1. Good evening Travis, thank you for visiting weightlifting for a beautiful world. For your first question, it is not a black and white question, it’s a lot of gray areas there. Meaning, what kind of show are you preparing for, what kind of shape are you in at the present moment, how long have you been lifting weights, what is your age bracket. All of these things have to be tooken in consideration before you could answer a question of that kind, however I have seen professional bodybuilders, get ready for a show, in 30 days, I have also seen them get ready for a show in 6 months, so once again a question of that nature cannot be answer until you know all of the variables. As for your second question, everyone that has been involved in lifting weights for a deal of time, and also those that are in professional sports, are on some sort of protein diet. I’ll give you a short example, each and every time that I work out, I have a protein drink before and afterwards, however you have some that put together a protein diet to lose weight, and some that put one together to gain weight, so it is not about surviving, about what are you using it for. by the way it’s not that hard to incorporate a protein diet with in your life, it’s only about constructing it in the correct manner. And you are definitely welcome. If it’s ever anything, anything at all that we can do for you, by all means contact us. May you be always in good health, humbly yours Paul Earl.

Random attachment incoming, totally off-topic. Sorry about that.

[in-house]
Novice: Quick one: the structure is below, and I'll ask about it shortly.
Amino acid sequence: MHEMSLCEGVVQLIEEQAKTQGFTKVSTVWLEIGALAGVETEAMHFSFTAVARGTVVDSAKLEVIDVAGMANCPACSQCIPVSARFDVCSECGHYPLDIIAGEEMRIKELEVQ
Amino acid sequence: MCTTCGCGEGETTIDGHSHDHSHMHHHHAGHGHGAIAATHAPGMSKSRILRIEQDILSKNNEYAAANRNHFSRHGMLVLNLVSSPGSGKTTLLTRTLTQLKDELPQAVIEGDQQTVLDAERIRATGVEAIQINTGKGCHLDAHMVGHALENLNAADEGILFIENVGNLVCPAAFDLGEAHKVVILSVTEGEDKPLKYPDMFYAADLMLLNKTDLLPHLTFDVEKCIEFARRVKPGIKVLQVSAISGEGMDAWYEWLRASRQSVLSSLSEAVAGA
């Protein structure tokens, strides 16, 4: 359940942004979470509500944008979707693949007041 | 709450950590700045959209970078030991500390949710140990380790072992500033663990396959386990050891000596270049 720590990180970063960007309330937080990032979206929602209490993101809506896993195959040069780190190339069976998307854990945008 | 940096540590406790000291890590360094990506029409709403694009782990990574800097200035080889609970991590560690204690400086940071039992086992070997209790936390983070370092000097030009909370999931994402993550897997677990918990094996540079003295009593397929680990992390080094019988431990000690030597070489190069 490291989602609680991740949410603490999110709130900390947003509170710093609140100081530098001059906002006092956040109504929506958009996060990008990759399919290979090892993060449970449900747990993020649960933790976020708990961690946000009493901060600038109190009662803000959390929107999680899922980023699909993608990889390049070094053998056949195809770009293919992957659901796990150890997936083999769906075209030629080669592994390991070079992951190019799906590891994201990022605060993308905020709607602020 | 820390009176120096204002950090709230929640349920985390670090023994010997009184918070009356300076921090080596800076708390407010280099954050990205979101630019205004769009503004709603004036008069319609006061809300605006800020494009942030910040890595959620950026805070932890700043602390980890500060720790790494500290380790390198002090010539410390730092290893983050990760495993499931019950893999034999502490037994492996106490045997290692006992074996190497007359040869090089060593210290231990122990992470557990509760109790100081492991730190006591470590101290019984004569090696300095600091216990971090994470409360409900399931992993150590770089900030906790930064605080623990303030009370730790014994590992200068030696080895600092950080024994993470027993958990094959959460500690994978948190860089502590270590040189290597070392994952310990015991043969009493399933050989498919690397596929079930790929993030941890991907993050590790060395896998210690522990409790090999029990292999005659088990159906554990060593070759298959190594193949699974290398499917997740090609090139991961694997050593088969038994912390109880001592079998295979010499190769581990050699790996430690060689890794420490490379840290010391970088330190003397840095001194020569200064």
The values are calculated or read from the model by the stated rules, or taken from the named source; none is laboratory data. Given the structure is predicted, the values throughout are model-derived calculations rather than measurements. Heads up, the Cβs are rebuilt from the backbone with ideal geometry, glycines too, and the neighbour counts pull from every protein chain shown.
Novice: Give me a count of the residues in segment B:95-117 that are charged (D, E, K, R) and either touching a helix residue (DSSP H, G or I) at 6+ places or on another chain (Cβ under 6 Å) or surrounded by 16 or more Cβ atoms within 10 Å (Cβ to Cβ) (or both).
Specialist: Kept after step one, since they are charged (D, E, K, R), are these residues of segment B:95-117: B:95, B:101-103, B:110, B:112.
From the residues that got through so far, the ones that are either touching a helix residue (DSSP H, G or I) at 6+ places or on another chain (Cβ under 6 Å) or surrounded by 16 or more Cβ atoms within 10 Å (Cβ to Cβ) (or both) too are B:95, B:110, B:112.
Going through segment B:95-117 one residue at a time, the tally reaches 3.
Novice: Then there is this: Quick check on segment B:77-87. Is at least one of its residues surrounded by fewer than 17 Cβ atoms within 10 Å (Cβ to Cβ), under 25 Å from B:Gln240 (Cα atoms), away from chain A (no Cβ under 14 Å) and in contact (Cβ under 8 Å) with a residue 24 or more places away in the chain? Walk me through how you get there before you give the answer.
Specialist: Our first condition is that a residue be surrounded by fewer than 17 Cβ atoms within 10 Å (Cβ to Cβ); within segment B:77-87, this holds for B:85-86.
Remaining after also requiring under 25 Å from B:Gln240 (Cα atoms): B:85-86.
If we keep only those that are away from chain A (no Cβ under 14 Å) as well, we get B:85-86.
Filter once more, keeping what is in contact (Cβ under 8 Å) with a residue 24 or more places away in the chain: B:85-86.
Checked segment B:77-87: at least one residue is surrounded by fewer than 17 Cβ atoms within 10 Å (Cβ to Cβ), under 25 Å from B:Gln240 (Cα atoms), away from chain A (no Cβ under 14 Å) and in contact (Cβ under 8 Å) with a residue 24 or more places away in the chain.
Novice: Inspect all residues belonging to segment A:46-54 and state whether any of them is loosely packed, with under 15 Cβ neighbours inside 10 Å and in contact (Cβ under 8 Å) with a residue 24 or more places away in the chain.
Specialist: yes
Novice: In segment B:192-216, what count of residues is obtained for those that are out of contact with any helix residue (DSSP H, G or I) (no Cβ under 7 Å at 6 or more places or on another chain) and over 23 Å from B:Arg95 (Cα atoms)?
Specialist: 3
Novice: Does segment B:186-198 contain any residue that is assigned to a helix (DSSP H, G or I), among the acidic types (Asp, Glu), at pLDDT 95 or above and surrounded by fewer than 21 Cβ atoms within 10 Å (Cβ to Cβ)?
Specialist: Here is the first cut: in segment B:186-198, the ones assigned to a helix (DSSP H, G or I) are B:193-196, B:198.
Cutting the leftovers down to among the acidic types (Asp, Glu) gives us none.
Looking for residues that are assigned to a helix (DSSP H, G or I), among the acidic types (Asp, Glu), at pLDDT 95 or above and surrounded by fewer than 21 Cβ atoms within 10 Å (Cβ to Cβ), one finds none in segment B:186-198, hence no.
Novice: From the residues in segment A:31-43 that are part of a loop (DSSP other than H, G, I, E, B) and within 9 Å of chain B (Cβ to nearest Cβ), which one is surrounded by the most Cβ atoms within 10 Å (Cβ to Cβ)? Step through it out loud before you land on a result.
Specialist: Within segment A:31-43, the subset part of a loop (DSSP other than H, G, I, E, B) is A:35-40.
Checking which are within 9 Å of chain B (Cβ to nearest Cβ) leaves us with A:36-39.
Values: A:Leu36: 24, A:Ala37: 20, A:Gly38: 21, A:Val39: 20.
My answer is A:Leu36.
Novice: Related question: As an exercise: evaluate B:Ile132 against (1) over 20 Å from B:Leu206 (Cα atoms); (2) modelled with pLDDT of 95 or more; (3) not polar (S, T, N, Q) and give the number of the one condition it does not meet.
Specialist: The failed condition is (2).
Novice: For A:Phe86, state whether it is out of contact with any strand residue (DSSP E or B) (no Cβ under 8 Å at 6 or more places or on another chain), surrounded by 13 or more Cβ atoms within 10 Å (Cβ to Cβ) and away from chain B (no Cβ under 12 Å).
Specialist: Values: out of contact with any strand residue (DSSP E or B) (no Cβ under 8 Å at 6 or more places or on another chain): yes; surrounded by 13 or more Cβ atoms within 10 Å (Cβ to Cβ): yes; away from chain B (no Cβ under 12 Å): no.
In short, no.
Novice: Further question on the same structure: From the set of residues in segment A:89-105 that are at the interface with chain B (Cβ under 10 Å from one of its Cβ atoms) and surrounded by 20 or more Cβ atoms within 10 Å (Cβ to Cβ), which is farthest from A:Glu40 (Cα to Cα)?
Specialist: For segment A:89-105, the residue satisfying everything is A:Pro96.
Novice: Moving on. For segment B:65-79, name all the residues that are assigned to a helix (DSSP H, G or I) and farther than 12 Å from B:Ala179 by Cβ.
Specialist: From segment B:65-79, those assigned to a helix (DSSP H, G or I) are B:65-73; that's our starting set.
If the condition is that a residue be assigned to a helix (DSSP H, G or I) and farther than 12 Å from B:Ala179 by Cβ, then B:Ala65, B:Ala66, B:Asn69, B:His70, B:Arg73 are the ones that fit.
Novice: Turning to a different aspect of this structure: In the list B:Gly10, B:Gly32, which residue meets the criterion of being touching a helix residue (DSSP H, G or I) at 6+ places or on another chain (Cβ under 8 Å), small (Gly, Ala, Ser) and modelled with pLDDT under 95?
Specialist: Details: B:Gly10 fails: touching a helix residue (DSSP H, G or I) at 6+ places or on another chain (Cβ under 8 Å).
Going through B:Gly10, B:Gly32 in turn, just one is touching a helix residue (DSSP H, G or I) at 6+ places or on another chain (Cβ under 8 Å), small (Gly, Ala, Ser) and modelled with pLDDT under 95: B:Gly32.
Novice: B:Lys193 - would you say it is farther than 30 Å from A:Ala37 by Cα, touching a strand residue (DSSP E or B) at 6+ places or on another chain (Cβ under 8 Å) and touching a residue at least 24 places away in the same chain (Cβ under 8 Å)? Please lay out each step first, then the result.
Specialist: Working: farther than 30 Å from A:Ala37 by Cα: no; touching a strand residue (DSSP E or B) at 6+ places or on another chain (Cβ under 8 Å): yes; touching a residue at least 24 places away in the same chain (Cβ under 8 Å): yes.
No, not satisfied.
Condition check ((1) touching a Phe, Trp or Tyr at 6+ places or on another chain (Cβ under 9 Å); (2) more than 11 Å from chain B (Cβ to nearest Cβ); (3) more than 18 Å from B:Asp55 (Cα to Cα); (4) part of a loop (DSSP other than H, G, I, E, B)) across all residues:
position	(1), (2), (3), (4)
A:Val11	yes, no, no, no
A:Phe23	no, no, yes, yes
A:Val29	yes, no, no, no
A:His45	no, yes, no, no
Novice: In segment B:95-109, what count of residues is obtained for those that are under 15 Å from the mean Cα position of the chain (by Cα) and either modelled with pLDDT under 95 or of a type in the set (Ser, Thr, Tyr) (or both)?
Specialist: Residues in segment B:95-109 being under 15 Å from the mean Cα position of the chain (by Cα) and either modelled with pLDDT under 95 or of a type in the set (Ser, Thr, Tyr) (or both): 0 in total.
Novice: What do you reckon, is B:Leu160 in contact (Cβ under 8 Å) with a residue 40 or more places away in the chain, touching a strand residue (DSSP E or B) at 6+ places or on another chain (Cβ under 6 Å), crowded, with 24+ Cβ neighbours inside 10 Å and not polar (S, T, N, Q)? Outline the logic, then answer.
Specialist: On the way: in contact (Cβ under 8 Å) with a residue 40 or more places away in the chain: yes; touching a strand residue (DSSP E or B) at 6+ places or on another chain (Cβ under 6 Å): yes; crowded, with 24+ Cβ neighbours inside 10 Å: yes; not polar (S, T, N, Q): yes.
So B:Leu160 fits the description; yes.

2. This was a very helpful article. I never realized that consuming a high protein diet for a long period of time was so dangerous. Everyone is so obsessed at the moment with eating less carbs and more protein, whether or not they are in training. 

    I have tried a high protein diet in the past and not only was it difficult to sustain, but I didn’t feel all that good while on it. 

    1. Good evening Michel, we thank you for visiting weightlifting for a beautiful world. Yes indeed, the false assumption is for bodybuilders, and for people that’s just want their body to look more muscular, if they eat large amounts of protein they will get bigger stronger faster, this along with all the steroids that are being illegally tooken, that only destroying the body in what it can accomplish with less. Unfortunately people do not educate their selves on protein diets, they’re only going by what they hear in the air, from  people, that do not have any idea of what they’re talking about, and to be blunt, it really makes me angry, this is one of the reasons I wrote this article. Once again we thank you for visiting us, and if it’s ever anything at all that we can do for you please contact us. May you be always in good health, humbly yours Paul Earl.